Starter was rice with shoyu marinated egg yolk and black truffle that was shaven at the table. While those truffles lent their aroma, I personally felt the star of this was the marinated yolk which brought the richness and the salt to the dish. I'd eat this again easily.


This was the bouillabaisse ramen that was the second highlight. A thick lobster flavoured ramen broth, much thicker than their previous ise ebi tonkotsu from their Four Seasons outlet, with seafood imported from Niigata. Lobster, pan fried sea bream and abalone. The thick broth was rich and robust with flavour as opposed to the accompanying seafood which were more delicate tasting. There was even some garlicky mashed potatoes at the bottom and little bits of charred bacon in the broth.


Dessert was a Shine Muscat blancmange with mint. This was quite sweet and we were glad for the small portions.

Friday, December 23, 2016

Hot oyster tamago toji soba from Yomoda Soba


This was an especially satisfying bowl of soba from Yomoda Soba. I think it might have been done as part of the Christmas specials for Japan Food Town. Little oysters in egg and soba in a lightly sweet broth that is also flavoured by the shell fish. Just add negi and a bit of sansho and that broth springs into life in another dimension. An oyster soup for the soul if you would. I wonder if this will stay on as part of the regular menu.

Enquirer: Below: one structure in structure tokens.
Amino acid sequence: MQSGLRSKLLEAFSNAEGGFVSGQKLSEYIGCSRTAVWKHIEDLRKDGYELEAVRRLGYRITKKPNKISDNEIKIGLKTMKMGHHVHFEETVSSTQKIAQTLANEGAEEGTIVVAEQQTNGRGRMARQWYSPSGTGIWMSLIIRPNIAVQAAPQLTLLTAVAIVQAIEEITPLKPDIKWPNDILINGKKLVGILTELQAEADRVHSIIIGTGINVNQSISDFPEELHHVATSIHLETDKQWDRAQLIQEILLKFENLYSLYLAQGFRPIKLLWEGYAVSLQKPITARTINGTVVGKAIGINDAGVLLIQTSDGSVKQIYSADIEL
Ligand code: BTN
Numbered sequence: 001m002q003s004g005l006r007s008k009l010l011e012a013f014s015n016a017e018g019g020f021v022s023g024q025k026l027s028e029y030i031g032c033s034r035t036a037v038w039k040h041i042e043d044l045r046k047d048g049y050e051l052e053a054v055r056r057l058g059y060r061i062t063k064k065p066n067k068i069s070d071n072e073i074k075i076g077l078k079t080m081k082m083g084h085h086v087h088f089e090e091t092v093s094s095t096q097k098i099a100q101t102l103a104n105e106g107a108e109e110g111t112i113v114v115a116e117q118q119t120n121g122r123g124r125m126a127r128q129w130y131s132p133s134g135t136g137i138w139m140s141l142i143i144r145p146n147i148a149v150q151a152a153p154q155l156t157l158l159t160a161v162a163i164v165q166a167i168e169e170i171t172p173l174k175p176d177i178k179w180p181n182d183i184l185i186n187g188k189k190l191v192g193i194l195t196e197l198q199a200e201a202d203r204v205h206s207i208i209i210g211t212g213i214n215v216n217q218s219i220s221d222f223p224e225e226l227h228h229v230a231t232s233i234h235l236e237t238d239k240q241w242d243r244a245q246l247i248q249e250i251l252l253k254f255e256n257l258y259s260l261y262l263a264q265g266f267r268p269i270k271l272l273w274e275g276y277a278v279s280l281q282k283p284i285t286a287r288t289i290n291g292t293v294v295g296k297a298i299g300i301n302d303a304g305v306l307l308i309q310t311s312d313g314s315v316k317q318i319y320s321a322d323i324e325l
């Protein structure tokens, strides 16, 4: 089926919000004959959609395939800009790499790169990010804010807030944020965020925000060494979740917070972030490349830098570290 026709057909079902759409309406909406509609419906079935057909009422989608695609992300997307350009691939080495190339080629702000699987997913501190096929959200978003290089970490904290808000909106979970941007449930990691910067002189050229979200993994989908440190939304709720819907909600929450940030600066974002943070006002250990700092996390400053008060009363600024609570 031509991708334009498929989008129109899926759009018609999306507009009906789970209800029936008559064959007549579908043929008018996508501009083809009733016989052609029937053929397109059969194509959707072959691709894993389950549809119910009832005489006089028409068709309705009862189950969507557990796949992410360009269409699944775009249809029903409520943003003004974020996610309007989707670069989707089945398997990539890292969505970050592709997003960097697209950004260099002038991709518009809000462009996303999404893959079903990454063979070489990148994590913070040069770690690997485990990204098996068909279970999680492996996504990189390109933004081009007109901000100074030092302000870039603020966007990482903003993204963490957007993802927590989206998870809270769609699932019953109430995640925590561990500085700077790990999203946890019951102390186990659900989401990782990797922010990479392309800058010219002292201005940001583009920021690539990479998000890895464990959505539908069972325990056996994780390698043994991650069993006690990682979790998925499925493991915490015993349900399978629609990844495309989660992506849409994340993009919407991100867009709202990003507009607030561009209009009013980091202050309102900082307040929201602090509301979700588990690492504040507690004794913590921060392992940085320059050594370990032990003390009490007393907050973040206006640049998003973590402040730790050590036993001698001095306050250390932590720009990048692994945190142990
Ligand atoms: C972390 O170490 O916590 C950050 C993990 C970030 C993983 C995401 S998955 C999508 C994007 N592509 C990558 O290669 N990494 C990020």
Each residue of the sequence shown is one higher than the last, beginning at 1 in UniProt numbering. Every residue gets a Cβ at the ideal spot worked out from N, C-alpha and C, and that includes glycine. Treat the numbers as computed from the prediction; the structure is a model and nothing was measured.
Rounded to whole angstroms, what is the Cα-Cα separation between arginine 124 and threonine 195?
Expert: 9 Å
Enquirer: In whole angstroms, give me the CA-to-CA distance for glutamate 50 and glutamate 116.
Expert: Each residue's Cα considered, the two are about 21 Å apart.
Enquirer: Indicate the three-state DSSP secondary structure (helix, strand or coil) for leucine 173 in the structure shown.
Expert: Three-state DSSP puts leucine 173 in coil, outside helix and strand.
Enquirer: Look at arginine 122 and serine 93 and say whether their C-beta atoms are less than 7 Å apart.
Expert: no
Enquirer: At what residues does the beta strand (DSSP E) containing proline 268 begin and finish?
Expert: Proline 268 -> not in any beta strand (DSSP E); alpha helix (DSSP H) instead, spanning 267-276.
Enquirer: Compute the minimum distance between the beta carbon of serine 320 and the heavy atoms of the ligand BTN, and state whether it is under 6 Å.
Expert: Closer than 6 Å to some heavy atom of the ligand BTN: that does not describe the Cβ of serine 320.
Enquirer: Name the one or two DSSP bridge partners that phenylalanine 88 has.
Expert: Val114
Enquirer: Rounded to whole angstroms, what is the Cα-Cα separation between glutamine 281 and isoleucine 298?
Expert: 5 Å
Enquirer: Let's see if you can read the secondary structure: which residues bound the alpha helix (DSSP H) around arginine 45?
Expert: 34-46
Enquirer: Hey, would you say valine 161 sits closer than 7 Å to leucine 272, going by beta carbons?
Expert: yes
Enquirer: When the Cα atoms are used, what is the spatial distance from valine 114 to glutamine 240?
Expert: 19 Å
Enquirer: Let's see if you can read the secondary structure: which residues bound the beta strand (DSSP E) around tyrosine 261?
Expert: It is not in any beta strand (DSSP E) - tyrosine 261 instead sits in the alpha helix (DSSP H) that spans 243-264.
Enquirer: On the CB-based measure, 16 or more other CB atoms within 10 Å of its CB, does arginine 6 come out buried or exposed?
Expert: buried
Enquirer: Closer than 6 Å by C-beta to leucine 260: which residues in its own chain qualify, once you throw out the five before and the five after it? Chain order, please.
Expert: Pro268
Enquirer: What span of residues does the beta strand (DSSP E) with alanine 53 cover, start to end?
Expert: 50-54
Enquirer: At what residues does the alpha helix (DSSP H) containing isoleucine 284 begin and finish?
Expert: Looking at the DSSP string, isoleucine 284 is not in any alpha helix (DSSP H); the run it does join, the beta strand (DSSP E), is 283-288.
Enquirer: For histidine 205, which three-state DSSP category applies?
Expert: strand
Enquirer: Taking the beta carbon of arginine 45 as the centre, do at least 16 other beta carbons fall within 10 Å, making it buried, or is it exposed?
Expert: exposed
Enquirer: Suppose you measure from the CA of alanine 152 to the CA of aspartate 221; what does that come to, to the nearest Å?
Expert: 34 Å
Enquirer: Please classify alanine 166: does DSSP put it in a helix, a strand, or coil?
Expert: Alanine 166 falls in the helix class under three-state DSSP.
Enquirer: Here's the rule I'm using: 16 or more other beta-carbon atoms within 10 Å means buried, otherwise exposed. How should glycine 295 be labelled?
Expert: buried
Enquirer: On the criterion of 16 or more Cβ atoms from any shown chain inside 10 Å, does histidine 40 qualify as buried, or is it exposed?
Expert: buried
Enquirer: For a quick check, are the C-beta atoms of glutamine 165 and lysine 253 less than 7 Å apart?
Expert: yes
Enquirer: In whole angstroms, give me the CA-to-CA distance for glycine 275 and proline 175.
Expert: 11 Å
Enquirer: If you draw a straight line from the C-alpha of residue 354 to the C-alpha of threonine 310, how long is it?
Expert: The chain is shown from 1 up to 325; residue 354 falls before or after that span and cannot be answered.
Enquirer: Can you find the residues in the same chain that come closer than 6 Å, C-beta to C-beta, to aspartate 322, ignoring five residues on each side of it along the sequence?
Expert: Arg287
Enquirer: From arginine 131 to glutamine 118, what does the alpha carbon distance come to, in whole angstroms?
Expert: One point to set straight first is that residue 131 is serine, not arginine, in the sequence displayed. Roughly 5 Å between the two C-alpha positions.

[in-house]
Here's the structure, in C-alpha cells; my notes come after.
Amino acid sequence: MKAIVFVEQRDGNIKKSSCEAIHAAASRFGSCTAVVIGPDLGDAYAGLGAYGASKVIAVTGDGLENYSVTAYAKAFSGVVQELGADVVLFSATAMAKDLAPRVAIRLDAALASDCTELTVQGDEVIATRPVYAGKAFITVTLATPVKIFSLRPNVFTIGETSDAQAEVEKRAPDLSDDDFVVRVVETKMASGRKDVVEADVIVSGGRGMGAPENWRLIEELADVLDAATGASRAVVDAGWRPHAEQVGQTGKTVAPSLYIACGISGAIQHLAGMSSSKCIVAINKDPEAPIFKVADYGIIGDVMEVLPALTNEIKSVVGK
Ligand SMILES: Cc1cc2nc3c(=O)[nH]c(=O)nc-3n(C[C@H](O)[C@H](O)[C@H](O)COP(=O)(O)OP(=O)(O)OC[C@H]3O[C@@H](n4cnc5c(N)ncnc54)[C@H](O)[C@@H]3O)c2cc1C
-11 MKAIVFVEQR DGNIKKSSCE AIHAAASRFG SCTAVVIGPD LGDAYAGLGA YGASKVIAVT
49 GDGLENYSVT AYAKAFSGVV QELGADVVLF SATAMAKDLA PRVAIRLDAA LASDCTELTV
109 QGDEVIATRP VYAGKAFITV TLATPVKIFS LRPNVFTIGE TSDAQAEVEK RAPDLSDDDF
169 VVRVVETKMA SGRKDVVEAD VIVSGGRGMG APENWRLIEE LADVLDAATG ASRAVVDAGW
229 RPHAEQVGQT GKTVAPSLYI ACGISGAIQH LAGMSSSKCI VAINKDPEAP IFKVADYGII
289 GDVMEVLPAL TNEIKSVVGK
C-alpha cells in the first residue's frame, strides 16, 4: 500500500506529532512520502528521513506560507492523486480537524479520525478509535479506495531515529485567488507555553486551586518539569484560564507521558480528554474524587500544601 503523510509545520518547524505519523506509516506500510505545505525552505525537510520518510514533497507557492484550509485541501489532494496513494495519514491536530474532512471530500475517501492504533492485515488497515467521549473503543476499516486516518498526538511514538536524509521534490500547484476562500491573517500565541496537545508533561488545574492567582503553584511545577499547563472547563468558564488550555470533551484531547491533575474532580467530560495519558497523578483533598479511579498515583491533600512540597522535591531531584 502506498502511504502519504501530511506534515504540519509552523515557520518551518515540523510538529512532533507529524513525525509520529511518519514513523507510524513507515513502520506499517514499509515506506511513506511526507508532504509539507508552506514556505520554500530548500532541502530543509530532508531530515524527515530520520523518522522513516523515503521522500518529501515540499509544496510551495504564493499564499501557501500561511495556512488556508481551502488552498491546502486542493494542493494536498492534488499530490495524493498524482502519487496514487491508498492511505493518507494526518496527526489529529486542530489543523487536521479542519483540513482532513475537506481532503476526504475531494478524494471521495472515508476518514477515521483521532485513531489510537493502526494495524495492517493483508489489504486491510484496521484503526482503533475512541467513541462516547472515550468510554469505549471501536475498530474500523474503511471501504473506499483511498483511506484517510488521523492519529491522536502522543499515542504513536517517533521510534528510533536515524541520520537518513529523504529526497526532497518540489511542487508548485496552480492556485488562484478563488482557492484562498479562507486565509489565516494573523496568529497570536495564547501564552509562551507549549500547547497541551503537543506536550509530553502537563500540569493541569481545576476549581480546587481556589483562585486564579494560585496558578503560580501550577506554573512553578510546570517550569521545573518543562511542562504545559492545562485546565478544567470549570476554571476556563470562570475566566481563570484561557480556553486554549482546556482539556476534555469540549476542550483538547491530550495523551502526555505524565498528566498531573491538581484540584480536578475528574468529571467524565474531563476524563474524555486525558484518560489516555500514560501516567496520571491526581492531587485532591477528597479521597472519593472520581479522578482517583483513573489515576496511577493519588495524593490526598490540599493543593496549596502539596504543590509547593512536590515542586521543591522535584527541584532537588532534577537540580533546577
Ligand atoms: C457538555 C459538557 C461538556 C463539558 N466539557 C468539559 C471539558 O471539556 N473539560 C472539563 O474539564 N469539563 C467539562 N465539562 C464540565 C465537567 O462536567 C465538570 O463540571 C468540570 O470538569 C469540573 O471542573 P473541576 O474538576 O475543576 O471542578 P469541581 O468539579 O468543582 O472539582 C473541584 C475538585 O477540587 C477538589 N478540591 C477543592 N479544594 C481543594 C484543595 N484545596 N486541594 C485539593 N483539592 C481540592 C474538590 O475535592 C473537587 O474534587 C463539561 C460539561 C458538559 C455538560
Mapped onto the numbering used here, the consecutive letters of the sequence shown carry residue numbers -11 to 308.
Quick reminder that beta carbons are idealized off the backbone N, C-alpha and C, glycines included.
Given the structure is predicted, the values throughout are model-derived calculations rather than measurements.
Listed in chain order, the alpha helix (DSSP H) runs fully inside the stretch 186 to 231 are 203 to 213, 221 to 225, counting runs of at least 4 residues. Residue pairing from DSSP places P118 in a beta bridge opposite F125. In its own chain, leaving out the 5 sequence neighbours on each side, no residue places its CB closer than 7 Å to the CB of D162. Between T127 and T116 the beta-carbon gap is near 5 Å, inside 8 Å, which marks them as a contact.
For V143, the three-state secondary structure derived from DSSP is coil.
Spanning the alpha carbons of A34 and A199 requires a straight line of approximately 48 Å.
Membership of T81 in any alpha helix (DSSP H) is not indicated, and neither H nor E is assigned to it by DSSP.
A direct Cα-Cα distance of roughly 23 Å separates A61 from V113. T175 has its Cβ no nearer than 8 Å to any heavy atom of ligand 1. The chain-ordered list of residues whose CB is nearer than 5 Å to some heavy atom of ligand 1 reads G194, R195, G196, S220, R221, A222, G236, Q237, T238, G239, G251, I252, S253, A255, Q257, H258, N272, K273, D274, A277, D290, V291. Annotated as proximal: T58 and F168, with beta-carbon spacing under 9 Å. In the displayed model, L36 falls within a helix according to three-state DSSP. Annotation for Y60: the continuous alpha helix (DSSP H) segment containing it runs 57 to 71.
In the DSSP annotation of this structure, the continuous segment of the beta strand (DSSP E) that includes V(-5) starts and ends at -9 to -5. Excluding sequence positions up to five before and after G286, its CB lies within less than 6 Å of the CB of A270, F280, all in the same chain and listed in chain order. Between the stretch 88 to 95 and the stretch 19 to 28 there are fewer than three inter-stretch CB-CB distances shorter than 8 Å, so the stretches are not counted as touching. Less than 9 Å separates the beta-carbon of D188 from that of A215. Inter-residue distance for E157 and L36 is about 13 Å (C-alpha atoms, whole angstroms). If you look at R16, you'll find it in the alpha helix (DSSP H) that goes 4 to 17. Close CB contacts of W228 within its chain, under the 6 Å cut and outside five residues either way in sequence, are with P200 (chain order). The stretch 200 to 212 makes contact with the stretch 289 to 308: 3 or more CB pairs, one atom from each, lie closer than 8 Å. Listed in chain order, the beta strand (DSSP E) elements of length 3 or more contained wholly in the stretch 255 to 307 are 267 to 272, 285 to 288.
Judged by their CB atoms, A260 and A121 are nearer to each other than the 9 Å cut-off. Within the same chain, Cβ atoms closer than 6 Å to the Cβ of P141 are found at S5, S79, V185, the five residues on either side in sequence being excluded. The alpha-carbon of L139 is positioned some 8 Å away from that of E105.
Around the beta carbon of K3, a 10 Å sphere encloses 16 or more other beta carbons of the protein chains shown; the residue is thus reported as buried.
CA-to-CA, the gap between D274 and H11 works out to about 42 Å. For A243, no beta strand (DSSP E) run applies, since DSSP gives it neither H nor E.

Thursday, December 22, 2016

Due Italian at Ramen Gallery Takumen


I had read about Due Italian some years ago on a blog that featured food in Tokyo so I was kinda surprised that the shop’s ramen turned up as an offering in Ramen Gallery Takumen. I’ve previously mentioned my thoughts on how I felt about how these guys operated, but I was curious enough about Due Italian and decided to see if it was any good.

The guy who started Due Italian is a Kazuo Ishizuka who had been honing his skills with Italian cuisine for more than a couple of decades before going into ramen. What his shop is apparently known for is his fromage ramen which features his blend of cheeses and the inclusion of sliced prosciutto with the bowl. And from what’s mentioned, the shop has been the Bib Gourmand winner for Michelin Tokyo 2015, 2016 and 2017.

So here’s a bowl of their special fromage ramen. The special as it is the practice in ramen-yas, refers to the bowl with the works. For this case, the slice of prosciutto di Parma draped over the rim of the bowl and an ajitama. The broth is chicken based shio. For a start, one gets the melted cheese over the noodles as you eat. After a while when the cheese fully melts, the shio broth becomes milky and cheesy tasting. And kinda salty right at the end.

Wednesday, December 21, 2016

Wanton Seng's Noodle Bar, Amoy Street


I've been wanting to try this (52 Amoy Street, tel : +65 6221 1336) for a while. A noodle bar that's doing things with our local wanton mee. This bowl was named twosome - to describe the roast pork belly and the char siew that came with the wanton noodles. Char siew that seemed to be made from exactly the same pork belly cuts as the roasted pork belly. Hmmm....